OT - NASDAQ Questiongreenspun.com : LUSENET : TimeBomb 2000 (Y2000) : One Thread
I have some measure of familiarity with the Dow and S & P 500 - enough to get me in trouble. I do not understand the NASDAQ and how it relates to the DOW, etc . . .
From what little I know about the NASDAQ and the commercials I've seen, I gather that the NASDAQ is made up of primarily tech stocks. Now, we all know tech stocks are holding up the market(s). So, my question is, if the NASDAQ were to bomb out, would it necessarily take the DOW with it (all other factors being equal - i.e. - no outside interference to keep the DOW up)?
-- robert bright (firstname.lastname@example.org), February 01, 2000
-- dinosaur (email@example.com), February 01, 2000.
>> I do not understand the NASDAQ and how it relates to the DOW <<
The NASDAQ is a stock exchange, similar to the NYSE. Several thousand stocks are listed on the NASDAQ exchange.
The NASDAQ index is a broad measure of how all those stocks are doing, weighted by how big the companies are. That is why Microsoft and Intel alone make up a huge amount of the index. Most NASDAQ companies are much smaller fish!
The DJIA is calculated based on the price of just 30 selected stocks. Only two of these 30 are listed on the NASDAQ exchange. The rest are listed on the NYSE. The calculations for the DJIA are very arcane, since they try to provide continuity across an entire century since the average began, while at the same time the stocks in the DJIA keep being replaced.
>> So, my question is, if the NASDAQ were to bomb out, would it necessarily take the DOW with it ...(?) <<
There is no *necessary* connection between the price of any two different stocks. So, in theory, the NASDAQ could go almost to zero, while the DJIA could triple, both events happening simultaneously.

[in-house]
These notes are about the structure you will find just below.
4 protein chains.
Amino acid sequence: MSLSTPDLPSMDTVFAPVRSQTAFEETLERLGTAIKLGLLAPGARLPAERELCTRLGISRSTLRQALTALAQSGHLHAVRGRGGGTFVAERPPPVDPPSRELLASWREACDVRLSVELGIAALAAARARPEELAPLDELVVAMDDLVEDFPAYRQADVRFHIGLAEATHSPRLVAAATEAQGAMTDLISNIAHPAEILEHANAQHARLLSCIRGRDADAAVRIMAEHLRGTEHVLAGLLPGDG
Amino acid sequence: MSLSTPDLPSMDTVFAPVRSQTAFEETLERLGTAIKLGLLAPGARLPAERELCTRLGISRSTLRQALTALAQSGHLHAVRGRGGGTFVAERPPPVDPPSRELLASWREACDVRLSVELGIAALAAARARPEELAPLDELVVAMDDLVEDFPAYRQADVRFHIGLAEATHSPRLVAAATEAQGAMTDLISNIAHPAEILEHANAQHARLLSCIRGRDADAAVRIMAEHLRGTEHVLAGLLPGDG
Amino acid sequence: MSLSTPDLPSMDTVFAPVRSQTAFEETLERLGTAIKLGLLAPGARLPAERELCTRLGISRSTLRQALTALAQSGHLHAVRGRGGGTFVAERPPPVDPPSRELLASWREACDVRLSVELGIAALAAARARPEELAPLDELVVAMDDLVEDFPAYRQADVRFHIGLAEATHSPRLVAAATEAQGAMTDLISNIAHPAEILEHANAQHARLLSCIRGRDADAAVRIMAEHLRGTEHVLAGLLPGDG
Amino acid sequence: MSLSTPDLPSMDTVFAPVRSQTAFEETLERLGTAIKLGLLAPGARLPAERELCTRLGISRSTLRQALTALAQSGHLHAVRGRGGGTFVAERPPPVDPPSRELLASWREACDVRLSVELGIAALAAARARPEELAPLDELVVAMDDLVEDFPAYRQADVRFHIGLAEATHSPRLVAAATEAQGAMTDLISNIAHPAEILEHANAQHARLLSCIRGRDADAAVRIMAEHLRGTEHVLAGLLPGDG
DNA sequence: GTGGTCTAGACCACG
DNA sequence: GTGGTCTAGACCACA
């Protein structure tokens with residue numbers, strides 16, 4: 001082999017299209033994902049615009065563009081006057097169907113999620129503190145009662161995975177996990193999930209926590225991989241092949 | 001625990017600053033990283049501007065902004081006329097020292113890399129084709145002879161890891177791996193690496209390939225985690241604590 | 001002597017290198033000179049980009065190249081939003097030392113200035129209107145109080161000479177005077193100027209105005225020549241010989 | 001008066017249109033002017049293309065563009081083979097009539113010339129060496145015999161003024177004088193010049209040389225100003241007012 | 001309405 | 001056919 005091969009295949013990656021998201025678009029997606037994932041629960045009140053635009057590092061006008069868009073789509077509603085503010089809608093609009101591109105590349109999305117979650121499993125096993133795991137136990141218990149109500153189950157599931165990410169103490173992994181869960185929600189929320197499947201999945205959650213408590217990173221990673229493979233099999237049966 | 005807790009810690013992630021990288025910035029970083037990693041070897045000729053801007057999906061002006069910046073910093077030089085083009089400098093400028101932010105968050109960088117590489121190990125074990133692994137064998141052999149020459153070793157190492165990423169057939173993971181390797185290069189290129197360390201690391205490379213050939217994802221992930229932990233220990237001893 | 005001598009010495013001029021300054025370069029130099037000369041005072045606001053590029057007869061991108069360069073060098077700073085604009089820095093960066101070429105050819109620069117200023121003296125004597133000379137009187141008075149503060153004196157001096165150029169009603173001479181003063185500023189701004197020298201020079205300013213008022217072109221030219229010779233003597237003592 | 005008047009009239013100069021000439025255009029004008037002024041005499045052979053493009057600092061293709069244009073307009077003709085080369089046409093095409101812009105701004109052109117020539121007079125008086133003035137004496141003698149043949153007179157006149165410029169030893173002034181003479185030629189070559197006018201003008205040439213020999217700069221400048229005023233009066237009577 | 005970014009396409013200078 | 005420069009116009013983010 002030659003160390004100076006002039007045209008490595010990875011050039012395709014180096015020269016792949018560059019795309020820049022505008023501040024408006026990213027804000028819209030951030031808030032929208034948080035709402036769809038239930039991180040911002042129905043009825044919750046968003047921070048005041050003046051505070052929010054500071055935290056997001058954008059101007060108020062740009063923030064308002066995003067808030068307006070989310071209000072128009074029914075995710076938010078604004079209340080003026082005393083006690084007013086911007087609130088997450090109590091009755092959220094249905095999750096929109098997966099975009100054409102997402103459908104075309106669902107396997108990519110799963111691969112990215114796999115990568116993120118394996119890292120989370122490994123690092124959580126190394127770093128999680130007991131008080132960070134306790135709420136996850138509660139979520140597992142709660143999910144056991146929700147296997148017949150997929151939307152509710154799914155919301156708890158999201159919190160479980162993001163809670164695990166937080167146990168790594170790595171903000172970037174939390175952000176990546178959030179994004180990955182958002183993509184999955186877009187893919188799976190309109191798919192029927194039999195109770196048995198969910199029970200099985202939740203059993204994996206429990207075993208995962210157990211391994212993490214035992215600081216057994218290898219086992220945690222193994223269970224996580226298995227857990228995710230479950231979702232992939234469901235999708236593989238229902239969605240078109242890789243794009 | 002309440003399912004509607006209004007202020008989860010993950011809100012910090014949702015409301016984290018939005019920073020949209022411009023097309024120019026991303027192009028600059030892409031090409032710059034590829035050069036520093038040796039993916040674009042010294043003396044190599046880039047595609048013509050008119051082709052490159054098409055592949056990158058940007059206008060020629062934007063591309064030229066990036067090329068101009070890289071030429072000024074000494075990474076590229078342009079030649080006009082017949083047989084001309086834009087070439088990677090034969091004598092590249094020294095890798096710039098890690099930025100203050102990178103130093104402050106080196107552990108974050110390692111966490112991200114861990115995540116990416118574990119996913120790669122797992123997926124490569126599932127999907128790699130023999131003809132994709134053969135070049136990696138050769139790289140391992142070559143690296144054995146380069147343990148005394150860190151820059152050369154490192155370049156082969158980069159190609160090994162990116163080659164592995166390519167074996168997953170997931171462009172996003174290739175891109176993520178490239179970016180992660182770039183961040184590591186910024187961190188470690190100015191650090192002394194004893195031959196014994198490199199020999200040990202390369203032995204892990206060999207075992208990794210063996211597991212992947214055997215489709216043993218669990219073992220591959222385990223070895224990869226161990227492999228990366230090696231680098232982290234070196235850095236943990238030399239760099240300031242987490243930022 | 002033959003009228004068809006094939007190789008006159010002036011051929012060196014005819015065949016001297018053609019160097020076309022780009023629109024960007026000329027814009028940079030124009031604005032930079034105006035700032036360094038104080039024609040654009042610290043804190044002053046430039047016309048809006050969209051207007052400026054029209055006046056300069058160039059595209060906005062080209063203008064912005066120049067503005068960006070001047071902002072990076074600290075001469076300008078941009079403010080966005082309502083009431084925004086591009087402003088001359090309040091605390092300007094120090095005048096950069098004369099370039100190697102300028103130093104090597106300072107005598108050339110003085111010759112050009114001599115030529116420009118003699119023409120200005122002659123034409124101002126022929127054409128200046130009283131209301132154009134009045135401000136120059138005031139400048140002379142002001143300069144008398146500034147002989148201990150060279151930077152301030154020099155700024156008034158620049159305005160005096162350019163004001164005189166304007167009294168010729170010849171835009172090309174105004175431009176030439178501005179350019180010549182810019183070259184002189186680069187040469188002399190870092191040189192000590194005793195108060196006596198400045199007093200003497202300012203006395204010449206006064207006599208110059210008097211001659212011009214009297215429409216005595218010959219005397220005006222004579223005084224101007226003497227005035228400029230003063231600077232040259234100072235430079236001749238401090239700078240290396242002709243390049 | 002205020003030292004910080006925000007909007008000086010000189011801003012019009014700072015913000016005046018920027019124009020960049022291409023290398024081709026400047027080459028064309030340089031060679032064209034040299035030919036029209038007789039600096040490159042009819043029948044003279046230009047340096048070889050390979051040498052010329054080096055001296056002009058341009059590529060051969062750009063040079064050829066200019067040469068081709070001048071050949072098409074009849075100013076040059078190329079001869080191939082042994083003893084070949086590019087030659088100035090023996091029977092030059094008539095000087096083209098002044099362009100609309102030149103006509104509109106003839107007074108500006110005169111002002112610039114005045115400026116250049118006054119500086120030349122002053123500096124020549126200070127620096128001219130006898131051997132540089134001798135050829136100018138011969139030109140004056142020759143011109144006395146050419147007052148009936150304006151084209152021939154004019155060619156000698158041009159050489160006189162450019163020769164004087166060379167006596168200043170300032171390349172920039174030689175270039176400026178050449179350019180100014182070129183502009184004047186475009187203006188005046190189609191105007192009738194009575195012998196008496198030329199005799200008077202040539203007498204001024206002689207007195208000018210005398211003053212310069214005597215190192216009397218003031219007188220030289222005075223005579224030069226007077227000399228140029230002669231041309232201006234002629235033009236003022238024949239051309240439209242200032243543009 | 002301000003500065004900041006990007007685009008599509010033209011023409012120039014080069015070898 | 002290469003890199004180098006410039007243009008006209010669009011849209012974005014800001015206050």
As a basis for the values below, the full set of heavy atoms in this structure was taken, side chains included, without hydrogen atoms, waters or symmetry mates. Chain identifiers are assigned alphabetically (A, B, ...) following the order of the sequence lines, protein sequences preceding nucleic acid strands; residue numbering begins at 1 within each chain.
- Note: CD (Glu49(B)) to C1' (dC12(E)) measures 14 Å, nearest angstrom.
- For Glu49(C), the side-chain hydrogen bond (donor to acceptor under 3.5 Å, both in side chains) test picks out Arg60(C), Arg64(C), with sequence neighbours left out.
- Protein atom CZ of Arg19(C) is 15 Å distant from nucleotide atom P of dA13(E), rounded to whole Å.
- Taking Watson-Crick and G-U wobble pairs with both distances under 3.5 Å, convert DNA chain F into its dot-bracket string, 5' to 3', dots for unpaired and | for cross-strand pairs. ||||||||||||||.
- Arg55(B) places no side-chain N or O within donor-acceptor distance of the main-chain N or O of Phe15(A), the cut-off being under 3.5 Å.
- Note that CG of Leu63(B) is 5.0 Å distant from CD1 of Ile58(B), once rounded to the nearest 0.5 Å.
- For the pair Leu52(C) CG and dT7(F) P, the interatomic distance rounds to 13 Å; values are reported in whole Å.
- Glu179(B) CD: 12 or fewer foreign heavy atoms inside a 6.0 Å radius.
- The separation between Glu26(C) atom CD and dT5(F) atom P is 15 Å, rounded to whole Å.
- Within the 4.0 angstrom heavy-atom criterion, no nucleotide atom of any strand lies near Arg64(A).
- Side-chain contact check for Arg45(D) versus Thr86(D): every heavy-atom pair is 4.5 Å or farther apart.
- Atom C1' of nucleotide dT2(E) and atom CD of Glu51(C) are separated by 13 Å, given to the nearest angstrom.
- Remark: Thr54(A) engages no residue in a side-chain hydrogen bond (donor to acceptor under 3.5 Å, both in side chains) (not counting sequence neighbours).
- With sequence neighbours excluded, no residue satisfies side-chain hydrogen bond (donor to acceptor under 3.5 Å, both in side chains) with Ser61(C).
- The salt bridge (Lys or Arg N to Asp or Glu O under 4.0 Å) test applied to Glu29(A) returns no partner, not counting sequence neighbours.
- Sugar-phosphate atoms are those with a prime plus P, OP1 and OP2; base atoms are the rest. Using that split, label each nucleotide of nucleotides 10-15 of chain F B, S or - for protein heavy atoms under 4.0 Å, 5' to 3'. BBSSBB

But that is just theory. In the real world, there is a real connection between them. All stocks are valued based on investor beliefs about the future earnings of the companies who issue the stocks. (In some cases, such as the infamous "dot.coms", those beliefs about future earnings are mostly built out of airy nothing and soaring hope raised up on stilts of greed.)
There is simply no chance that investors would revalue most of the NASDAQ stocks sharply downward unless they believed that the economy was heading downward. Under those circumstances, they would also reassess the DJIA stocks in the same light.
Also, once the trend of lower stock prices was established, it would become a self-reinforcing trend. As today's "stock-rich" consumers became "stock-poor", they would start borrowing less, spending less, and going bankrupt more often. This would eat away at the foundations of the USA economy, because fully 65% to 70% of that economy is based on consumer spending. As the economy shrank, the future earnings of most stocks would appear bleaker.
-- Brian McLaughlin (firstname.lastname@example.org), February 01, 2000.
Rob, Due to the inherent nature of the equity markets and the known psychology, panic selling in one major market would correspondingly result in panic selling in another. It`s classic human behavior. It`s the nature of the "beast".
-- NoJo (RSKeiper@aol.com), February 01, 2000.
Thanks a lot guys - I've invested a bit in S&P futures with other people, but as you can guess, I've depended on their info more than anything I know. This is quite helpful.
-- robert bright (email@example.com), February 02, 2000.